Syria's Palmyra in peril as Islamic State seizes ancient city
The advance by Islamic State fighters on the ancient city of Palmyra has raised fears the Syrian world heritage site could be destroyed (AFP Photo/Joseph Eid)

Islamic State group jihadists seized full control of the ancient Syrian city of Palmyra on Thursday, putting the world heritage site and its priceless artefacts at risk of destruction.

The ransacking of Palmyra, a 2,000-year-old former stopping point for caravans on the Silk Road, would be "an enormous loss to humanity," UNESCO head Irina Bokova warned.

The Britain-based Syrian Observatory for Human Rights said IS now controlled half of all territory in the war-torn country.

The capture of Palmyra is the latest blow to efforts to hold back the advancing jihadists, following the fall of Iraq's Ramadi.

"IS fighters are in all parts of Tadmur, including near the archeological site," Observatory head Rami Abdel Rahman told AFP, using the Arabic name for the city.

Syrian state media said loyalist troops withdrew after "a large number of IS terrorists entered the city".

In an online statement, IS proclaimed its capture of the entire city, which is strategically located at the crossroads of key highways leading west to Damascus and Homs, and east to Iraq.

The Observatory, which relies on a network of sources on the ground, said some residents had headed to the city of Homs but others stayed home, while state media said most of Palmyra's civilians had been evacuated.

IS also seized Palmyra's prison, notorious for the killings of hundreds of regime prisoners in the 1980s and seen as a symbol of oppression during the reign of President Bashar al-Assad's father Hafez al-Assad.

The jihadists, notorious for demolishing archaeological treasures since declaring a "caliphate" last year straddling Iraq and Syria, fought their way into Palmyra on foot after breaking through in the city's north.

- 'Birthplace of civilisation' -

Known in Syria as "the pearl of the desert," Palmyra is home to colonnaded alleys, elaborately decorated tombs, and ancient Greco-Roman ruins.

"At the end of the day, it's the birthplace of human civilisation. It belongs to the whole of humanity and I think everyone today should be worried about what is happening," Bokova said.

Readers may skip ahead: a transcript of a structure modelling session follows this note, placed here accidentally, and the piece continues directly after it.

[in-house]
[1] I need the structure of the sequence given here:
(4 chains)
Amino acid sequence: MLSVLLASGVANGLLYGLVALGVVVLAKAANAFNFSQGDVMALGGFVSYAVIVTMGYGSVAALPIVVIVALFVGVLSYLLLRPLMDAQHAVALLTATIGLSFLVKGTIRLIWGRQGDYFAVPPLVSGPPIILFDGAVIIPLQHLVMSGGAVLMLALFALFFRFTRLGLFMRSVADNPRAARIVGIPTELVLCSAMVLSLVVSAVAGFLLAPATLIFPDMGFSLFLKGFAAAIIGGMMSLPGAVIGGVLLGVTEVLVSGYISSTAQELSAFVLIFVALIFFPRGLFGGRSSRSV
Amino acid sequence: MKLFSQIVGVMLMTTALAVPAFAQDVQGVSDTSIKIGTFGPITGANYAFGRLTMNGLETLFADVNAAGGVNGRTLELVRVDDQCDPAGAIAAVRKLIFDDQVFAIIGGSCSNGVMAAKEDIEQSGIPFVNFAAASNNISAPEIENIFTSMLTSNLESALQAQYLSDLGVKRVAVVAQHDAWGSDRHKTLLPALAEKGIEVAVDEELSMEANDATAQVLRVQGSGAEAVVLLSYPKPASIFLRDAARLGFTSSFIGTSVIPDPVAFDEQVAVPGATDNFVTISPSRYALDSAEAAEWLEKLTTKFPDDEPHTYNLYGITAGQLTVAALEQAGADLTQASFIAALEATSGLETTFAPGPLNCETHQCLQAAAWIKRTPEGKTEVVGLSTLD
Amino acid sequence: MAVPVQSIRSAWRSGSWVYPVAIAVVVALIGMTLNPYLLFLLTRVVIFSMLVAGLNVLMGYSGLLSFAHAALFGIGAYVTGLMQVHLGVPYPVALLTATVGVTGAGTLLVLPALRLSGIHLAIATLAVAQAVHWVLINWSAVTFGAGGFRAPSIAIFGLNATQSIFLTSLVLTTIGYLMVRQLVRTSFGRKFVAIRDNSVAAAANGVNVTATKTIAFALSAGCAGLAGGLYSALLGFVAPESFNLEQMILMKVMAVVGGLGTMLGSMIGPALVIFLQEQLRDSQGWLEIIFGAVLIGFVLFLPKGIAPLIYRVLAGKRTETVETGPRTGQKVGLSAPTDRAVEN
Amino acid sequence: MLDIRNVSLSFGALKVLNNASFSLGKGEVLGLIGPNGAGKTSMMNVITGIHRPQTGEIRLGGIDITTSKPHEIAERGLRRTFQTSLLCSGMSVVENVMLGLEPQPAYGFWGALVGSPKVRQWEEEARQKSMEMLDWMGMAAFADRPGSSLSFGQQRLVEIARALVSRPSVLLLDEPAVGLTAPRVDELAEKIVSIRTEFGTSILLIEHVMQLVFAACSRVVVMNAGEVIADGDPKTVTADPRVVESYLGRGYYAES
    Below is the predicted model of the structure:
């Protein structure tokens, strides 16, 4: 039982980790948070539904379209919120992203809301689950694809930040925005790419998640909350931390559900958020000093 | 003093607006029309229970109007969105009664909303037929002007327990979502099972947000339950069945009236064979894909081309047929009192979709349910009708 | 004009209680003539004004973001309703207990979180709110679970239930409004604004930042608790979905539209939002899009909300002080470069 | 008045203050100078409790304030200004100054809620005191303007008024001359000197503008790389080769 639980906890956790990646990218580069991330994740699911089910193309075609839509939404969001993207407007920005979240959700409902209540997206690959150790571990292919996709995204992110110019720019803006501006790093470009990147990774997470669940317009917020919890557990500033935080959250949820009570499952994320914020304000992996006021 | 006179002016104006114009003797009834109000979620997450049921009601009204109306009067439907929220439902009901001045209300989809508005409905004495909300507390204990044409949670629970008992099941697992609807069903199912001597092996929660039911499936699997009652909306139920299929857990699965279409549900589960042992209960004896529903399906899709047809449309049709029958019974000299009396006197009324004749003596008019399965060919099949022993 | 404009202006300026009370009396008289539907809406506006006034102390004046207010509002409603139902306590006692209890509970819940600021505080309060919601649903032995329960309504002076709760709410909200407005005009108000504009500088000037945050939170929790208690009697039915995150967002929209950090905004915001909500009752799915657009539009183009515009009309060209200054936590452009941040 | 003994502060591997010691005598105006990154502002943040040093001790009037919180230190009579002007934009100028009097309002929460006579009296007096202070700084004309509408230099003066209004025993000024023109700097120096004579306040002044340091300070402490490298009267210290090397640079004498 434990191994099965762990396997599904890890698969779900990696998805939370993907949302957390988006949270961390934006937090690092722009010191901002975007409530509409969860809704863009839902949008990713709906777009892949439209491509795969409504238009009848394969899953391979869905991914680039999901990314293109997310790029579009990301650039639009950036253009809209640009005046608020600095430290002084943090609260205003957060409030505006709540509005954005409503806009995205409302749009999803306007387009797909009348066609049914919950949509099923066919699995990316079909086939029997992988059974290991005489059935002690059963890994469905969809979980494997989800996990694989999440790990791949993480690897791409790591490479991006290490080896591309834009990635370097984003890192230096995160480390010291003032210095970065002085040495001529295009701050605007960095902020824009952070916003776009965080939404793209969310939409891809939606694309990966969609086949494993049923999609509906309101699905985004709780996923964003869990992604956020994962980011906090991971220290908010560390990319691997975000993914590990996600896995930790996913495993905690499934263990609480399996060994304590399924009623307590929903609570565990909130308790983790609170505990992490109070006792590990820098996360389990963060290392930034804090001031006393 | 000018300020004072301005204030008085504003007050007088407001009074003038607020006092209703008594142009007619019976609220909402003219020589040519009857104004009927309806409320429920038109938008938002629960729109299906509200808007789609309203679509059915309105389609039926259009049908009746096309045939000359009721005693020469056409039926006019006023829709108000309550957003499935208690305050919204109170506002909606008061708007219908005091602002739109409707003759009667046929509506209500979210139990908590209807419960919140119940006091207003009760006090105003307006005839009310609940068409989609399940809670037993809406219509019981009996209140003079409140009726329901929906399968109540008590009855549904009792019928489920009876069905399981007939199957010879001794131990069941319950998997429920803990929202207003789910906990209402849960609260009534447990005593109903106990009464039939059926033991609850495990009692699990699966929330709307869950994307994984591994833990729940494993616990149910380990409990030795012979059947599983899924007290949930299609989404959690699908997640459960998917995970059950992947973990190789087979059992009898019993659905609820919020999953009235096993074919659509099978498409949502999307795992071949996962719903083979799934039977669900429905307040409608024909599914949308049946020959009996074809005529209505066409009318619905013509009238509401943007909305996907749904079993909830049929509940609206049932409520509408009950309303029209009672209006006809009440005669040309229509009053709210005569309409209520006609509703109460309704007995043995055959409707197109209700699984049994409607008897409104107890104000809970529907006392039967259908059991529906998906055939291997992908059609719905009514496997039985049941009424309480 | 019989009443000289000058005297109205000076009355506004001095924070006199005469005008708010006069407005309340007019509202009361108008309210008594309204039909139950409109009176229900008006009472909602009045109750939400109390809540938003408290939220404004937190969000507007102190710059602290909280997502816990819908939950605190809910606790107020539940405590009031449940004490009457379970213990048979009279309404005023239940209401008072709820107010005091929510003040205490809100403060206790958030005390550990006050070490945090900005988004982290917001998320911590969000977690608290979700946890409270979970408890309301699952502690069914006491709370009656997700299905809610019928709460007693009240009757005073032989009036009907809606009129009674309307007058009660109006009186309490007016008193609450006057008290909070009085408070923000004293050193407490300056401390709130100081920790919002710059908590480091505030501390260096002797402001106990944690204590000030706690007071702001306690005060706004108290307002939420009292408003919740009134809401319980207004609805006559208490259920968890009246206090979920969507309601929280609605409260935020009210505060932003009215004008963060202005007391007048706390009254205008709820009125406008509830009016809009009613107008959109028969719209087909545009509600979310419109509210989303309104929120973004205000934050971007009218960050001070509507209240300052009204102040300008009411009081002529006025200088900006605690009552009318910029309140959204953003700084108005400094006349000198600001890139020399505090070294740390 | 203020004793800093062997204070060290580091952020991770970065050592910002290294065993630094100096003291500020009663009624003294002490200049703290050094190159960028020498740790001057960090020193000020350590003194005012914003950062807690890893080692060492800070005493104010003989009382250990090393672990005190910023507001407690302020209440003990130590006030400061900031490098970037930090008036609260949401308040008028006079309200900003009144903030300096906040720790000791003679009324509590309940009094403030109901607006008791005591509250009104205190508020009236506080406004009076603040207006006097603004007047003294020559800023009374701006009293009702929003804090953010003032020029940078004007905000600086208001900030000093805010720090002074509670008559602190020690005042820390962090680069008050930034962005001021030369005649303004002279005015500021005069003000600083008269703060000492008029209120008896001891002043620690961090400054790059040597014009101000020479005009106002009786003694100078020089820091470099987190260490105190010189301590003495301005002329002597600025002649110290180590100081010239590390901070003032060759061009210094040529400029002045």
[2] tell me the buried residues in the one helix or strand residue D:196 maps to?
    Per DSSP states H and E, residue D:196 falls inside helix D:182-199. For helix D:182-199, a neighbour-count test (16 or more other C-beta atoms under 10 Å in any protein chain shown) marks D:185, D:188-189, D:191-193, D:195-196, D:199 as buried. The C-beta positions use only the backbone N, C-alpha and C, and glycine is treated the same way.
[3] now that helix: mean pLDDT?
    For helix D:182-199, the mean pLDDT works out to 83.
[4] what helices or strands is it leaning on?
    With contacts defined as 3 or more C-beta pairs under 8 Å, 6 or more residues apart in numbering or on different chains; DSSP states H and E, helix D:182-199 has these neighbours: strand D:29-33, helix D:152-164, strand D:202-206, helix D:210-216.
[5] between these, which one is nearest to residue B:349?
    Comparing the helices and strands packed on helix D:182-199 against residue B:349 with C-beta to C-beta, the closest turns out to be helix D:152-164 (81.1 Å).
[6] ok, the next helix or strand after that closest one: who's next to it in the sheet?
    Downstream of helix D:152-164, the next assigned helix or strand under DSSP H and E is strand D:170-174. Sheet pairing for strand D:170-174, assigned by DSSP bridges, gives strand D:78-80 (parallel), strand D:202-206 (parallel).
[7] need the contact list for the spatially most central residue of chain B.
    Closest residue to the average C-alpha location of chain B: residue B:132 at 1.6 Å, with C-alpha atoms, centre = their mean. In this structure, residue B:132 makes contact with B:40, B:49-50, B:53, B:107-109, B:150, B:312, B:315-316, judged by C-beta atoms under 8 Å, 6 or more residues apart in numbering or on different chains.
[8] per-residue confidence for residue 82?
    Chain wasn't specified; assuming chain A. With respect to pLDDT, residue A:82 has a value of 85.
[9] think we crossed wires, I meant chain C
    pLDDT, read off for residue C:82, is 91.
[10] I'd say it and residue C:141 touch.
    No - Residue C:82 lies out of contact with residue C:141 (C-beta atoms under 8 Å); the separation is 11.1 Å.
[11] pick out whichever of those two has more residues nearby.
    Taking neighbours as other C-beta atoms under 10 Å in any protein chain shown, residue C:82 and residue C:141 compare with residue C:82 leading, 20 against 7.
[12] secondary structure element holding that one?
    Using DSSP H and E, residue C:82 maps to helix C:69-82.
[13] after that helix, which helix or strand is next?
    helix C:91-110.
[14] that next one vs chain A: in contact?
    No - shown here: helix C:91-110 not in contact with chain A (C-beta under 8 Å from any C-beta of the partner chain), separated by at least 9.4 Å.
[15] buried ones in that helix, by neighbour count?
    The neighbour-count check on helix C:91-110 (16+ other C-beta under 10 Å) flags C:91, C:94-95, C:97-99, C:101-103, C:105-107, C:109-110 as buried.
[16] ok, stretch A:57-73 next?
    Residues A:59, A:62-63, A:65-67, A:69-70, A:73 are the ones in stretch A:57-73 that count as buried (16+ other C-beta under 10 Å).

The jihadists sparked international outrage this year when they blew up the ancient Assyrian city of Nimrud and smashed artefacts in the museum of Mosul, both in Iraq.

Before Syria's conflict began in March 2011, more than 150,000 tourists visited Palmyra every year

- 'What went wrong?' -

"Palmyra was the number one destination in Syria for all international tour operators," said Maha Qandalaft at Syrian travel agency Adonis.

The pro-government newspaper Al-Watan said Palmyra's capture "shames the international community, which crossed its arms as IS infiltrated the most celebrated historical city in the world".

Fierce clashes in and around Palmyra have cost the lives of at least 462 people, including 71 civilians, 241 regime forces, and 150 jihadists, the Observatory said.

By taking Palmyra, which sits 210 kilometres (130 miles) northeast of Damascus in desert that extends to the Iraqi frontier, IS controls more than 95,000 square kilometres of Syria, according to the monitor.

The jihadist group dominates the provinces of Deir Ezzor and Raqa and has a strong presence in Hasakeh, Aleppo, Homs, and Hama.

It has also seized most of Syria's oil and gas fields, using the income to fund the expansion of its self-styled "caliphate".

The fall of Palmyra came days after the militants took the Iraqi city of Ramadi, their most significant victory since mid-2014 when they conquered swathes of land, sparking a US-led air campaign to support Baghdad.

A US State Department official said the loss of Ramadi would force Washington to take an "extremely hard look" at its strategy against IS.

"You'd have to be delusional not to take something like this and say: 'What went wrong, how do you fix it and how do we correct course to go from here?'," the official told reporters.

The official said Washington would step up its aid to Iraq, including sending 1,000 anti-tank missile systems to help stop suicide car bombs and accelerating its training and equipping of tribal forces to fight IS.

On Thursday, Iraqi forces backed by powerful Shiite militias prepared to launch an offensive to retake Ramadi.